You probably haven’t heard of Lucca. That’s because it has no major tourist sites, little historical significance, and the only internationally renowned Lucchesi was an opera composer, Puccini. In spite of this – or because of it – it was my favorite city in Italy.
That’s because of the people, the sense of community, the streets, and the cookies.
When we stepped on the train in Florence, we’d already spent about a week in Italy, seeing dozens of churches, museums and other culturally enriching sights. How exhausting. We were ready for a break – to sit back, relax, and people-watch for a few days. Before arriving in Italy, we hadn’t made any reservations, and variously considered Siena, Pistoia or another night in Florence before settling on Lucca. We spent two days there, on the way from Florence to Rome.
Lucca is a city of 100,000, just north of Pisa, on the western coast of Italy about an hour from Florence. It’s not a seaside town – it lies nestled between mountains that shield it from the coast – but it’s close enough to attract seagulls.
We stayed in an AirBnB in a quiet pocket near the center of town, and this was a real BnB experience. The apartment was not in somebody’s home – an employee rode a bicycle to the door and let us in. And there was a woman each morning who prepared food for us (fruit salad, cappuccino, coffee, toast, yogurt), as part of the deal staying there. We even got seconds on the cappuccinos.
The sole distinguishing tourist feature of the city are the walls which surround it – it’s the only city with intact Renaissance walls in Italy. These separate the main city from the adjacent suburban areas; they’re roughly 30 feet tall, about 40 feet wide, formed mostly of earth embankments with all the features prescribed by state-of-the-art 16th century military science – enfilades, glacis, batteries. They’re remarkably intact, and nowadays function as a gigantic park around the city.
The area enclosed by the walls, which we never left except to get to the train station, is about 1.5 miles long and 1 mile wide. We explored this entire area during our stay: it’s really not that big and highly walkable. Cars are few and far between.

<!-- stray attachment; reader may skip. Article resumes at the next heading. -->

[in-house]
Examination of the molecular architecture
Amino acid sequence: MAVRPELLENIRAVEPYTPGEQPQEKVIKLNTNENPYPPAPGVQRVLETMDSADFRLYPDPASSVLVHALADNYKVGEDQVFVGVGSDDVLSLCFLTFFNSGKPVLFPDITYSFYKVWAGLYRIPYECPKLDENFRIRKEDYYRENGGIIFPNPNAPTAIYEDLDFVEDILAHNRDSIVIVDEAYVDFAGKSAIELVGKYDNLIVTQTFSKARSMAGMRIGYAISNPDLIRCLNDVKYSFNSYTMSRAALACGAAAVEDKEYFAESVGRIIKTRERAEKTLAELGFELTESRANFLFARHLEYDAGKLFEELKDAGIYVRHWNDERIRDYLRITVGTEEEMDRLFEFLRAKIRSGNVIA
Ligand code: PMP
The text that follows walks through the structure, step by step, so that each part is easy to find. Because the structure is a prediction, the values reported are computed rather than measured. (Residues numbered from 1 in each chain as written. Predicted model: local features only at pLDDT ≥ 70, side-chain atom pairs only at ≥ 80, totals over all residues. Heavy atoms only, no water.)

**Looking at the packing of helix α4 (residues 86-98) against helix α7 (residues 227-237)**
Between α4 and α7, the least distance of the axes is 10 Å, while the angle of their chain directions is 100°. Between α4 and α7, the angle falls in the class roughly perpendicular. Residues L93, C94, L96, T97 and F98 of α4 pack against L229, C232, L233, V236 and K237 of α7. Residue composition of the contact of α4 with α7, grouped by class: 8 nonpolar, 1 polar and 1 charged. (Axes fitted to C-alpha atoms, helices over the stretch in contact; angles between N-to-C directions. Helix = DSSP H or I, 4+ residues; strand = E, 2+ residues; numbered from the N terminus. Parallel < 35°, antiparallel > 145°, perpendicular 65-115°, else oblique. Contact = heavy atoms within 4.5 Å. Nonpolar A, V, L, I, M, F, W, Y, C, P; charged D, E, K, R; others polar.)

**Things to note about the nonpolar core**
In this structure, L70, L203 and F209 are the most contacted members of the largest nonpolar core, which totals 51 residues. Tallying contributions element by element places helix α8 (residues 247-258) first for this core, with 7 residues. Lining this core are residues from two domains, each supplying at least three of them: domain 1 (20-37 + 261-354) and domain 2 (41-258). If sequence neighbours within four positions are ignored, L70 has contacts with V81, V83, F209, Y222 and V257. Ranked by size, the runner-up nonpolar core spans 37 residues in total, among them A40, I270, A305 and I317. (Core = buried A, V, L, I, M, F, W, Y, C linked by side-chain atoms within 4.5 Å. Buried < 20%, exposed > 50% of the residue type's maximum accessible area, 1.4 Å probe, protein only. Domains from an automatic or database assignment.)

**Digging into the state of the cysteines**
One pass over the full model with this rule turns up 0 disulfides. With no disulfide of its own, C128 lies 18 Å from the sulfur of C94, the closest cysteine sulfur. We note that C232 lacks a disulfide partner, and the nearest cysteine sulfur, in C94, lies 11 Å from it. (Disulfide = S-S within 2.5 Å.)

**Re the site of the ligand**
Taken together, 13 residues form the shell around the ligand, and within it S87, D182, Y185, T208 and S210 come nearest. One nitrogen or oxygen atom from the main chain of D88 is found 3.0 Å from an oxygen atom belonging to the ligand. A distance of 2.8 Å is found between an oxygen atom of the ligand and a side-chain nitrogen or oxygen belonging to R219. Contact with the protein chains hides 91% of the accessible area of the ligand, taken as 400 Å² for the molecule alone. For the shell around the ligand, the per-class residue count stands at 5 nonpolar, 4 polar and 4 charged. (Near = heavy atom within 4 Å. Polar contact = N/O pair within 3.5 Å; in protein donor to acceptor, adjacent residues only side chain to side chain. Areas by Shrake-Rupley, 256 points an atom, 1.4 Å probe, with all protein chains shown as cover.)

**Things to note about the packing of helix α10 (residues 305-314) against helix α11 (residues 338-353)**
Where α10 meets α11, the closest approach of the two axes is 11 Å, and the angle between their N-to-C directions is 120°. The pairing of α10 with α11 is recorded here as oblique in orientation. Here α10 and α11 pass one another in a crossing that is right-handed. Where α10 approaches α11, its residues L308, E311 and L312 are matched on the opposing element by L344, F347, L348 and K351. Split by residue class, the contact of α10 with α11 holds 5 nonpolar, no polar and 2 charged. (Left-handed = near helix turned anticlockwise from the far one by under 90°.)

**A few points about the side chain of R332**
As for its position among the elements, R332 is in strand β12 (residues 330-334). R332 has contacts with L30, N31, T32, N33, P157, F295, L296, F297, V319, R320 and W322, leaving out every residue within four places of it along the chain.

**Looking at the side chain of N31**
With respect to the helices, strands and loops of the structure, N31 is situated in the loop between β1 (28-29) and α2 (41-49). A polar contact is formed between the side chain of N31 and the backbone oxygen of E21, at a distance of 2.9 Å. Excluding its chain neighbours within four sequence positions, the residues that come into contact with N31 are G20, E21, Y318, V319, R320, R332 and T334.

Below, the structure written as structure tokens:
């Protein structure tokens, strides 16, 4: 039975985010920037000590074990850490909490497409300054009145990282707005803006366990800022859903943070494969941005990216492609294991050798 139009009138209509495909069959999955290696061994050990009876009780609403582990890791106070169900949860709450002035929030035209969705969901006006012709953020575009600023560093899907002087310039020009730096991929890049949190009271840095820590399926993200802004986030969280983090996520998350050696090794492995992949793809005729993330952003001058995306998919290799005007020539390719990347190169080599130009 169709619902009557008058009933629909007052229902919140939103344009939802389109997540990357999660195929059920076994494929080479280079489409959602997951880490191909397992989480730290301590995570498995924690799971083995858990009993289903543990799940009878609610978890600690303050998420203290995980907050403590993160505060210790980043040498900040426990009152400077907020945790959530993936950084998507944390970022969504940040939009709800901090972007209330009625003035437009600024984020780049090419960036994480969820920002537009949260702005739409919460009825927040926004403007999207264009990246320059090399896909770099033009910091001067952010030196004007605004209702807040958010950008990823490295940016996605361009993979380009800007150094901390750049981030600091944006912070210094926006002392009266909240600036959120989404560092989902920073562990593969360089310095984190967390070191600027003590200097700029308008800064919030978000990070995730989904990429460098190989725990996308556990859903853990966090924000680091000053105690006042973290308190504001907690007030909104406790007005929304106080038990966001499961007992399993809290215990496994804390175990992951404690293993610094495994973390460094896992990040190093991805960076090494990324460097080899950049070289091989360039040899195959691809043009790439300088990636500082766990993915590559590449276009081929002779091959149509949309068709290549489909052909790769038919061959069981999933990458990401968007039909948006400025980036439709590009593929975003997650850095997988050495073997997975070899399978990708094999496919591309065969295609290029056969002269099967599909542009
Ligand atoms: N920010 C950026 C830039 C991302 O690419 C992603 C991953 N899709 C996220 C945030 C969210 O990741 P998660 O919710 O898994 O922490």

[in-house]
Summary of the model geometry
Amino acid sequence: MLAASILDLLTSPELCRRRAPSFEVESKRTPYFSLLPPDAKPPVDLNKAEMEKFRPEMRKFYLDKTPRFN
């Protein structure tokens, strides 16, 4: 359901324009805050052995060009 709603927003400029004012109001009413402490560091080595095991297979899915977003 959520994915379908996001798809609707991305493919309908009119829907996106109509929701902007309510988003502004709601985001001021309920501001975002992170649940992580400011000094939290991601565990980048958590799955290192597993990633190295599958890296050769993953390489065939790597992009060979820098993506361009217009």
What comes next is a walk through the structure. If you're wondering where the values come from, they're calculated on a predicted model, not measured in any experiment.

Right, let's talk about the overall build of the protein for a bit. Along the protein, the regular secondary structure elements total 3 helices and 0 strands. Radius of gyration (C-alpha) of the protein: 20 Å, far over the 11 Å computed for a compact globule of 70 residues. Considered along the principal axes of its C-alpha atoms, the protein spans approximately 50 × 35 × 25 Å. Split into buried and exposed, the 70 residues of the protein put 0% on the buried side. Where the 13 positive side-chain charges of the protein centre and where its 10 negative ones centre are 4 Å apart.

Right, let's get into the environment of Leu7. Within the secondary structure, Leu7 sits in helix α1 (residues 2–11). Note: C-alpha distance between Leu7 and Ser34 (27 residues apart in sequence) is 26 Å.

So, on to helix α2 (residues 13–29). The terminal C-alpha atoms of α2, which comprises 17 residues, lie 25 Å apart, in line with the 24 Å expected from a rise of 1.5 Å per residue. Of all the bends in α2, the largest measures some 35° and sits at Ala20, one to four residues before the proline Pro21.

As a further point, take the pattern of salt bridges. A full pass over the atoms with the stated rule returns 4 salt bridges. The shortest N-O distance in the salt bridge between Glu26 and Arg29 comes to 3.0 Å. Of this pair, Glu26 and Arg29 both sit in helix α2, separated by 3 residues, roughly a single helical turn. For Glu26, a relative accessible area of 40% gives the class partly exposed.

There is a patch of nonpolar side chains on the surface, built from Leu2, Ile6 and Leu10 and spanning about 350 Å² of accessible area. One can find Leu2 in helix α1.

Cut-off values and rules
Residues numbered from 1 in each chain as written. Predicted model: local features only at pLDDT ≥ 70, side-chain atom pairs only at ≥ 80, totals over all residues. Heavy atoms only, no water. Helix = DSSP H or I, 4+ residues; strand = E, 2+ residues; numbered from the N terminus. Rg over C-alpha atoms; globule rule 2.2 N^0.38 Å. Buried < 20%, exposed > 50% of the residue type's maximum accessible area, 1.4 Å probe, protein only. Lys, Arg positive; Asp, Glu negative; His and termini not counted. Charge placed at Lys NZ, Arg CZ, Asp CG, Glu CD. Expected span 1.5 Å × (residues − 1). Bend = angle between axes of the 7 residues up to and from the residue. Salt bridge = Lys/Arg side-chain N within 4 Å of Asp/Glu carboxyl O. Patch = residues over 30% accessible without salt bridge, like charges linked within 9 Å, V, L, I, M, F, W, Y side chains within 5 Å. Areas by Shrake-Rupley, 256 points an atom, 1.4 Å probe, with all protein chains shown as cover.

We stayed Friday and Saturday night, and both nights the town grew crowded as people from the surrounding area drove to the walls, parked, and walked in for a stroll (the ‘passegiatta’). The northwestern quarter of the city is a shopping district, crammed with clothing stores, restaurants and bars, and the crowds were shoulder-to-shoulder. It might have been annoying, but was instead charming. There were lots of kids playing, most of the people were Italian, and it felt like the whole city was out and about, spending the night together. These streets were mostly clear of cars, and we walked on the streets, though occasionally everyone had to move aside so an errant driver could get past.
Eventually this network of streets opened up to a large courtyard, the Piazza Napoleone (Napoleon conquered the city, and liked it so much he installed his sister as the leader – the “Queen of Etruria”). The Piazza was filled with teenagers and children running around, having a good time. It was charming.
In the center of the Piazza was a merry-go-round – these were quite popular across Italy. There were also some huge street vendor stands selling cookies and candies, including popular chickpea cookies – we grabbed a huge bag of these and ate them all in one sitting (having some fun in the process).
While in Lucca, we visited two minor tourist attractions: the anfiteatro and the Guinigi Tower.
The anfiteatro dates back from Roman days, though the original structure is long gone. Instead, it stands as a reminder of the city’s history. Anfiteatro is Italian for amphitheater, but the area is now an open square, surrounded by small shops and restaurants, with no amphietheatre left behind. It has a unique oval shape: this is all that remains of the original Roman structure. When the building was eventually torn down, this square was left behind. Even the buildings are curved – unusual now that we’re used to seeing rectangular structures. This was right around the corner from our AirBnB, and practically deserted.
Meanwhile, the Guinigi tower is different from other Italian towers, such as those in San Gimignano. Although many of those towers are still standing, they look different than they used to: they originally had trees or gardens on top. The Guinigi tower still does, and is as close a thing as the city has to an iconic landmark. It also offers great views and solitude – not that the city proper was noisy or crowded. We spent a while on top, met a friendly Italian family who wanted to practice their English, and watched the seagulls and cats below.
We also toured the walls. We rented bikes (pretty cheap – the guy who rented them out was easy-going). We did a bit of riding, but the top of the walls were so crowded in the weekend afternoon that it was nerve-wracking to ride anywhere. We mostly ended up walking, and should have gone for a ride earlier in the day. Next time!
Overall, Lucca was charming, super-quiet (except for shopping), and a great intermission between two overwhelming cities. Thus, for our vacation it was my favorite city in Italy, and the one where I’d most like to live.